Press Room | Facebook | Twitter | DONATE

October 2015


Every October, people around the country observe Domestic Violence Awareness Month (DVAM). DVAM is meant to educate and raise awareness about domestic violence and contains three main themes: mourning those who have died because of domestic violence; celebrating those who have survived; and connecting those who work to end violence. Domestic violence is a tragedy that affects millions of people in this country, and women are at the highest risk of being victims. Recently, advocates for ending domestic violence have found an unlikely partner in their work in people who advocate for gun violence prevention. Evidence has shown that domestic violence and gun violence are closely linked. One in four women in the United States experiences severe physical violence by an intimate partner in her lifetime, and when gun are allowed into the wrong hands, domestic violence can turn into murder. Guns are the most commonly used weapon in domestic violence homicides, and having access to a firearm increases the risk of intimate partner homicide by up to five times more than in situations where there are no weapons. The most startling statistic is one that I just learned the other day: one half of women that are murdered by guns in America are murdered by intimate partners or family members.

Tracy Wolf

October is National Work and Family Month!

Tyler Dratch

Rabbi David Saperstein, former Director of the Religious Action Center of Reform Judaism and current Ambassador at Large for International Religious Freedo

Rachel Landman

How often does your rabbi say in his or her High Holy Day sermon, “Take out your phones and make a call?”  Over the holiday season, that’s exactly what rabbis across California did.  Governor

Rabbi Ken Chasen
A call for voting rights at the America's Journey for Justice Rally on Capitol Hill in September

If you need evidence of the continued importance of the protections of the Voting Rights Act, look no further than the ongoing dispute over closing DMV offices in Alabama.

Adam Waters

by Rozan Anderson

There’s probably no one among us who doesn’t know the famous story of Noah and the ark. The tale is central to this week’s parashah, Noach (Genesis 6:9-11:32). It is a story of a world gone corrupt and God’s decision to hit a reset button: why, how, and the aftermath.

Now, I’m not saying that our world today needs such a major reset. Indeed, after the flood, God created the rainbow as a covenant with all living things, with a promise to work together, rather than to erase and keep starting anew.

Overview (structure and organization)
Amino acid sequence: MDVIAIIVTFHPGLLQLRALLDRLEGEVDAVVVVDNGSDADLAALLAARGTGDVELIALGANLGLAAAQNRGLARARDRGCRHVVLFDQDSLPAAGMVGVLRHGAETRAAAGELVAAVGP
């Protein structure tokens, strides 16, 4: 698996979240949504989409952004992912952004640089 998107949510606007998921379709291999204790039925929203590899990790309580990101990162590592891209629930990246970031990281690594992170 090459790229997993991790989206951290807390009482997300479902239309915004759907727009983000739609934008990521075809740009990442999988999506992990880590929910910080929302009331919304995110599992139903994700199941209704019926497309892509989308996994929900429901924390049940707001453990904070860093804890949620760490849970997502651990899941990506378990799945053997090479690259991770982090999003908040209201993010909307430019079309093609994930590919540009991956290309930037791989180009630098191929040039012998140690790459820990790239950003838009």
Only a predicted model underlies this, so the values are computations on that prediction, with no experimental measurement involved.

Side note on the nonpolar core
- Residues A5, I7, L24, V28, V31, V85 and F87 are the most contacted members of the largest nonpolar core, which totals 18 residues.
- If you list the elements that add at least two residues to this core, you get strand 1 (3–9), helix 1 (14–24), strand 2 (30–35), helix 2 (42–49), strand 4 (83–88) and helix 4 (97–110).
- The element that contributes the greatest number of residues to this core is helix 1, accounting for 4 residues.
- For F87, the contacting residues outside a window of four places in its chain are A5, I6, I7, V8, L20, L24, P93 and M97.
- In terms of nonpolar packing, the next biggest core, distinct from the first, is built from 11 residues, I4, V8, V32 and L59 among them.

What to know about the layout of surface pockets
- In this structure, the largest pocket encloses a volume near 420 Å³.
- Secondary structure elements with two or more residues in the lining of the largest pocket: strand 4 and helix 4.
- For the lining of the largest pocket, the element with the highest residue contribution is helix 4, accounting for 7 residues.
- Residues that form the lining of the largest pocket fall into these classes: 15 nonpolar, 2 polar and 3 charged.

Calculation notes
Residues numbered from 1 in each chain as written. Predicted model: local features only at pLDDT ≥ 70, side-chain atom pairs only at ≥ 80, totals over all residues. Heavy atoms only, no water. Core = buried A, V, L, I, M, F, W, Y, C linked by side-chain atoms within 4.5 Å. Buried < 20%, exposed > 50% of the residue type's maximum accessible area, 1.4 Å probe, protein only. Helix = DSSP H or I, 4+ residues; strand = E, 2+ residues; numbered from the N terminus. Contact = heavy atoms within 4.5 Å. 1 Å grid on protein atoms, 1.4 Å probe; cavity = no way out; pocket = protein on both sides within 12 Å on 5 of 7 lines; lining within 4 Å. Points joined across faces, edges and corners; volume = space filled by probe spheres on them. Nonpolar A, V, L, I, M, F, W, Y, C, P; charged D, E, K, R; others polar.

It's Tuesday in Jerusalem. The World Zionist Organization (WZO) Congress does not begin until a week from today. You remember all the 'buzz' about the WZO and voting for the ARZA (Association of Reform Zionists of America) slate? Earlier this year, from January through April, every American Jew was urged to vote in the WZO election. There were websites and posters to encourage voting. Computers and tablets were brought to meetings in an effort to encourage American Jews to register and vote for the ARZA slate, representing Reform Judaism. And guess what? It worked! ARZA garnered 56 seats! In fact, we have more delegates than the next two slates combined. American Reform Jews can feel quite proud—and I am quite proud to be one of the ARZA delegates who will be representing all of you next week. You may be asking, what is ARZA and what is the World Zionist Congress? ARZA, the Association of Reform Zionists of America, represents 1.4 million American Jews in Reform communities. Fifty-six ARZA delegates will be attending the "Parliament of the Jewish People"—the World Zionist Congress (WZC)—in Jerusalem October 18-22. Theodor Herzl convened the first WZC in 1897 and I will be here for the convening of the 37th meeting! That fact alone is inspirational! Beginning next week, 500 delegates from all over the world will debate cutting-edge issues, allocate monies, and make efforts to impact the future of the Jewish people.

Lynn Magid Lazar
Israeli Flags

Since the end September, my Facebook timeline, Twitter feed, and email inbox have been filled with a steady stream of increasingly fearful and disheartening news coming from Israel.

Jacob Kraus

by Leslie Brier

World leaders came to the United Nations on September 25th and signed the Sustainable Development Goals (SDGs). The SDGs are a set of 17 goals aimed at lowering global poverty, hunger, and inequality and addressing environmental challenges. There are three themes to these global goals, social, economic and environmental justice, with an inferred fourth and fifth: peace and inclusivity.

The United Nations conducted the largest consultation program in its history to gauge opinion on what the SDGs should include. It was a two year process that included hundreds of thousands of people worldwide. The United Nations gathered input from national consultations, door-to-door surveys and an online survey asking people to prioritize theses global goals. The first draft was proposed last September and countries belonging to the UN negotiated the wording of the goals and targets.